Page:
The 2000 census even shows a nearly identical split between testosterone and estrogen. Like city, like county, I guess. Similarities aside, the 2000 numbers present a stark difference in age distribution among city dwellers, with almost twice as many 20 to 45ers (18,204) as there are 65 to 85ers (9,548). How much that data has shifted in a decade, we’re not real sure. But here’s the city’s census chart from 2000:

Total population

52,715

Percent

Under 5 years

2,811

5.3

5 to 9 years

2,766

5.2

10 to 14 years

2,607

4.9

15 to 19 years

2,898

5.5

20 to 24 years

3,478

6.6

25 to 34 years

7,055

13.4

35 to 44 years

7,671

14.6

45 to 54 years

6,767

12.8

55 to 59 years

2,717

5.2

60 to 64 years

2,360

4.5

65 to 74 years

5,046

9.6

75 to 84 years

4,502

8.5

85 years and over

2,037

3.9

As you can see, the 25 to 55ers rule the roost within the city limits. But don’t get too excited, my little ones. A quarter of city residents are still over six decades old. Overall, the most important thing to take from these demographics is that there is a profound generational divide in this town. And the conflicting ideas and lifestyles between these groups is something that’s more frequently beginning to play out in real time.

The U.S. census also draws a few other tantalizing tidbits of knowledge out of the closet — like how many of us bat for the same team. The Gay Index is a census study that measures the flamboyance factor of American cities. As of 2000, we were falling somewhere between Elton John and Richard Simmons on the national gaydar meter. The index scores populations on the proportion of same-sex partnerships they report, with a score of 100 being the national average. It turns out Sarasota has a whole lotta pride after all, scoring a beefy 97 on the lesbian chart and a flaming hot 223 in the men’s department. That gives Sarasota a combined gay rate of 161 — that’s 61% more fabulous than the national average. I guess Orange, Lemon, Pineapple and Lime Avenues aren’t the only fruity things in town.

It makes you wonder if a lot of our local conservative commentators and small-minded small-town retirees realize that little fact nugget when they rant and rave across the blogosphere about the menace of homosexuality. Well, guess what snowbirds? Not only do you live in the big city now, but you live in one of Big Gay Al’s Big Gay Cities — whether you like it or not.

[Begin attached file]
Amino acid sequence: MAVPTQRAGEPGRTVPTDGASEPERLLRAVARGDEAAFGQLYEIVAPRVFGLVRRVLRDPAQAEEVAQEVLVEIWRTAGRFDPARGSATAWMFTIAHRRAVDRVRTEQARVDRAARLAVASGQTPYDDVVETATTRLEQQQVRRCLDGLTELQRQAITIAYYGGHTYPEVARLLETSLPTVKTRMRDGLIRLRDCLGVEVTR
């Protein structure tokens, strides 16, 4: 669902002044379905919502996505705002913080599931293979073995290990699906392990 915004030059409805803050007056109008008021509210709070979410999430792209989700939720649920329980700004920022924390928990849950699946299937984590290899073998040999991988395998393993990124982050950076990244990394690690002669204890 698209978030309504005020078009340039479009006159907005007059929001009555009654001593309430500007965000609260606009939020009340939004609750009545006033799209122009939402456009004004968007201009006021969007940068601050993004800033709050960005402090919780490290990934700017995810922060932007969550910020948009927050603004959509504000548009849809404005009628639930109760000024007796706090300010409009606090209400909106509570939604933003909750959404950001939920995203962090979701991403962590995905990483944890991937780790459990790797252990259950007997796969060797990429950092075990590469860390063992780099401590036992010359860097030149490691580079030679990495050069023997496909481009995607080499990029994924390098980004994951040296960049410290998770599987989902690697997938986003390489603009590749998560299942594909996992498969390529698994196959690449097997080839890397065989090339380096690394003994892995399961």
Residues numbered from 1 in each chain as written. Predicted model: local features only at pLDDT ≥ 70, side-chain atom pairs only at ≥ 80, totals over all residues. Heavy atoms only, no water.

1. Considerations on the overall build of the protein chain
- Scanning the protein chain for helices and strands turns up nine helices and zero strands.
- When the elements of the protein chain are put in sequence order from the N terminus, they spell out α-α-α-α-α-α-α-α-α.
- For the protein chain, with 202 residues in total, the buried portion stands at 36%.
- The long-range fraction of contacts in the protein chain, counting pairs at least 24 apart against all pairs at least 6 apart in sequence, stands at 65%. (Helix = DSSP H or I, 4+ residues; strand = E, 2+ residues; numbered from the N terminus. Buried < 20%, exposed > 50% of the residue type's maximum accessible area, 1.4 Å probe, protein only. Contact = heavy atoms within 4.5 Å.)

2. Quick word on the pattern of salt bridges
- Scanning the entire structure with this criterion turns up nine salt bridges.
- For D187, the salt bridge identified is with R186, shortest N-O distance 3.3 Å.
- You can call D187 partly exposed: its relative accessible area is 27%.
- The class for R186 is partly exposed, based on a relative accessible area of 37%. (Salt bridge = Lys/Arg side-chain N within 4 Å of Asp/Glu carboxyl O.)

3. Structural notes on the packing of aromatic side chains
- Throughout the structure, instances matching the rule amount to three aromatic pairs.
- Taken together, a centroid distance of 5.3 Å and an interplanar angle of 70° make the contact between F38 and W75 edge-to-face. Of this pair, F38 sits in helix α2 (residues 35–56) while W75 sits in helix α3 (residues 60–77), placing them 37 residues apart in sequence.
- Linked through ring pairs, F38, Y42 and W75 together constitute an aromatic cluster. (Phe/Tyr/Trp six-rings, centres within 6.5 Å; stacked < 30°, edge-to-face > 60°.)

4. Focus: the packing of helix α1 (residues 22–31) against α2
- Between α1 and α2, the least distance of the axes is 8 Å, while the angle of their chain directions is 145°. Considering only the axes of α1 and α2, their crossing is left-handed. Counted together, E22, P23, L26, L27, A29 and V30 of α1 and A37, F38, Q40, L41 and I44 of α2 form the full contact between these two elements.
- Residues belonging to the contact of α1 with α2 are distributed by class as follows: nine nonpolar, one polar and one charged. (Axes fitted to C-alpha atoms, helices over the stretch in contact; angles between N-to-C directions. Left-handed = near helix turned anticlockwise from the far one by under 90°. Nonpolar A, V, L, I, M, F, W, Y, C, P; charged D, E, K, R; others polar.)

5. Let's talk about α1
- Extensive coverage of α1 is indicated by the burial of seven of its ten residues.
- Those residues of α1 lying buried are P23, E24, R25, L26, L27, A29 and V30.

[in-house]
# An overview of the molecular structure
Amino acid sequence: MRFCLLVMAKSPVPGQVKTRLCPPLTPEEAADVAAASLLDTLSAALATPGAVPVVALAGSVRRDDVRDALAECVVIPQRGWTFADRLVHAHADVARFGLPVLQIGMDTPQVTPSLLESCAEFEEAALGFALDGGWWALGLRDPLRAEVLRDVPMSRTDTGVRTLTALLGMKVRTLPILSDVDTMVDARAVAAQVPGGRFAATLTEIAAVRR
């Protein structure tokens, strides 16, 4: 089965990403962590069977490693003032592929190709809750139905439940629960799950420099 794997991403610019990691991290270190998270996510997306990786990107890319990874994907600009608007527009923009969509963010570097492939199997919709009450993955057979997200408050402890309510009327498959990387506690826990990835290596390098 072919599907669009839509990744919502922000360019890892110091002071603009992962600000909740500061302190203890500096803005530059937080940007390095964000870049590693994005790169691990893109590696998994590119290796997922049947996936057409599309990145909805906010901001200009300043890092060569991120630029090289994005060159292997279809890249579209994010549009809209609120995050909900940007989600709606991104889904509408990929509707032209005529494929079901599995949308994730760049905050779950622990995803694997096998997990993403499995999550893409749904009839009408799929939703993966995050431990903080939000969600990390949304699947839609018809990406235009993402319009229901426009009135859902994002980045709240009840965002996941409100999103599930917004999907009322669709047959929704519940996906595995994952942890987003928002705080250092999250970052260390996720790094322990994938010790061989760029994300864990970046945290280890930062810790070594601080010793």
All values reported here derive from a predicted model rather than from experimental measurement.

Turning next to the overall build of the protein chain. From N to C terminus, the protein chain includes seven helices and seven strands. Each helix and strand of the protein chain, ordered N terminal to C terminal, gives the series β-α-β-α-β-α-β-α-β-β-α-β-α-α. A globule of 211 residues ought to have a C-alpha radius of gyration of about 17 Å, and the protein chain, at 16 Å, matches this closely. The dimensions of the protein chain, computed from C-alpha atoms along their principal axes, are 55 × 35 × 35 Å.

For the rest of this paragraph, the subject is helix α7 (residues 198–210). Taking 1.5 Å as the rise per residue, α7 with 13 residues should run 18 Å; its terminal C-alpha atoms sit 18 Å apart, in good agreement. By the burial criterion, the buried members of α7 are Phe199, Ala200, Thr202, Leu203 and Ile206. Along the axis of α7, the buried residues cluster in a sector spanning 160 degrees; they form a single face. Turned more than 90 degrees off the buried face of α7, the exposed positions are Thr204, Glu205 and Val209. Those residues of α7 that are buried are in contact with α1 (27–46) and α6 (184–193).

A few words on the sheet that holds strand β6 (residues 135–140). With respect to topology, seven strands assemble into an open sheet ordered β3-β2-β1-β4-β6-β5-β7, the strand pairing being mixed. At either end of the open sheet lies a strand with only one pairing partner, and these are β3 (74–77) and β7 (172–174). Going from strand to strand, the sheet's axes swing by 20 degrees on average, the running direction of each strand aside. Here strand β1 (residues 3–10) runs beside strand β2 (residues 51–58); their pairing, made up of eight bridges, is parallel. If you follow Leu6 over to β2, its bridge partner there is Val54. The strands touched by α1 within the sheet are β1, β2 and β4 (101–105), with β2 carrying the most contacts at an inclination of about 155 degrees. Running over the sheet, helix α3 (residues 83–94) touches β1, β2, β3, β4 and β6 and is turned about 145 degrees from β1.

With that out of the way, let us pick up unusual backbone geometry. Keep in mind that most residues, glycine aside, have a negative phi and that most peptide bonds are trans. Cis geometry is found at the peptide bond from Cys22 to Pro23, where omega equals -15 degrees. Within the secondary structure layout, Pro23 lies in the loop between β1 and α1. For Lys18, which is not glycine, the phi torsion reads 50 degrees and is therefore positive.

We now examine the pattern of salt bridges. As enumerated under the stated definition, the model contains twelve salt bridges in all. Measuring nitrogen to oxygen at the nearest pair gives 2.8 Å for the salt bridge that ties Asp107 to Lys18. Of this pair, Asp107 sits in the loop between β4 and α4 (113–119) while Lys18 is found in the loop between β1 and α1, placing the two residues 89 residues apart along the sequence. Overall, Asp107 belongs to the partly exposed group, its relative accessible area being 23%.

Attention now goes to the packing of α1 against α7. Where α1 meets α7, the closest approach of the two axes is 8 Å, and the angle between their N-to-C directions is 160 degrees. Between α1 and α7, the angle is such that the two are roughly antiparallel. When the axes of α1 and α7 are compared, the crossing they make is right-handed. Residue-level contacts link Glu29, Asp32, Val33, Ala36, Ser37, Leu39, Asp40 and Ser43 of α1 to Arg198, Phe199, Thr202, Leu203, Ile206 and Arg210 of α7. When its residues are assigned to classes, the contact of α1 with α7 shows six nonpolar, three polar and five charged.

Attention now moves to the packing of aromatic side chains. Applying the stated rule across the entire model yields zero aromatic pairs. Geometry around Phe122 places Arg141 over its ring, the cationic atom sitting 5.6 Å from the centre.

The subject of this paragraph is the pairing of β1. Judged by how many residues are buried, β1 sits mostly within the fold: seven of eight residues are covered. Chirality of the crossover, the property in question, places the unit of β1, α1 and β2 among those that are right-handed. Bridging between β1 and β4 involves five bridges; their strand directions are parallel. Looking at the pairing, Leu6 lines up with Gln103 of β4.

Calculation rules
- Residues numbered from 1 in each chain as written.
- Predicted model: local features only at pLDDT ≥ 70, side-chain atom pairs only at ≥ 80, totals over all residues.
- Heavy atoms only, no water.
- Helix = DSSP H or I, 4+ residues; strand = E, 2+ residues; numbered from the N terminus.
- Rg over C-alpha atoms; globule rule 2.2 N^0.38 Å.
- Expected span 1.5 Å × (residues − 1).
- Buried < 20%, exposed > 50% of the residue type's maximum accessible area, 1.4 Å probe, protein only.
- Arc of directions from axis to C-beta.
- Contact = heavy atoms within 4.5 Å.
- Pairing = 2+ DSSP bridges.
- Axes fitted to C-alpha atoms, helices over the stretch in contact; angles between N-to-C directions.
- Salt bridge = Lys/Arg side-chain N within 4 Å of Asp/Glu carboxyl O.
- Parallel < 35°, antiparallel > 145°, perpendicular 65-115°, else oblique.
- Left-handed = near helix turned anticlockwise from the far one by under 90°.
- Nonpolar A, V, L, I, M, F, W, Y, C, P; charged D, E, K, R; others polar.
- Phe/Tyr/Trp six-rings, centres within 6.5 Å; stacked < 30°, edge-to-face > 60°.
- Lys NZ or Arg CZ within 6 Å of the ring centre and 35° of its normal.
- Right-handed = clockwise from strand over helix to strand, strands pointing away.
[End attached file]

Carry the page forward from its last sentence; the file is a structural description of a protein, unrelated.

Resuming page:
Between our large gay population and the fact that we are basically a depository for empty nesters, their ain’t a whole lot of ankle biters running around these parts. In fact, as Zillow points out in the graphs below, almost half of our population is married, but only 18% of Sarasota homes have a little mini-me running around makin’ messes.

That might be one reason we don’t bother to spend as much on public education ($5,549 per student) as the average U.S. city does ($5,678 per student). We all did our schoolin’ a long time ago. Those little brats can just fend for themselves. Then again, judging by the rest of the country’s support for students, maybe we could afford to spend a little more moolah on education, instead of contemplating huge cuts in our pubic school arts programs. I mean, seeing how the arts is our most prized possession and all — and the biggest thing setting us apart from every other beach town in Florida.

But we’re right on par with the rest of the Sunshine State when it comes to everybody’s favorite statistic: the good ol’ unemployment rate. We’re currently riding high with 11.6% of our citizens out of work, going above and beyond the U.S. average of 10.2%. Hey, no problem there, though. We love homeless people in this city! And it should be fine anyway, since our cost of living is 3.4% lower than the U.S. average. Oh yeah, baby. It’s like summertime, and the livin’s easy. Who needs a job with a city this cheap, right?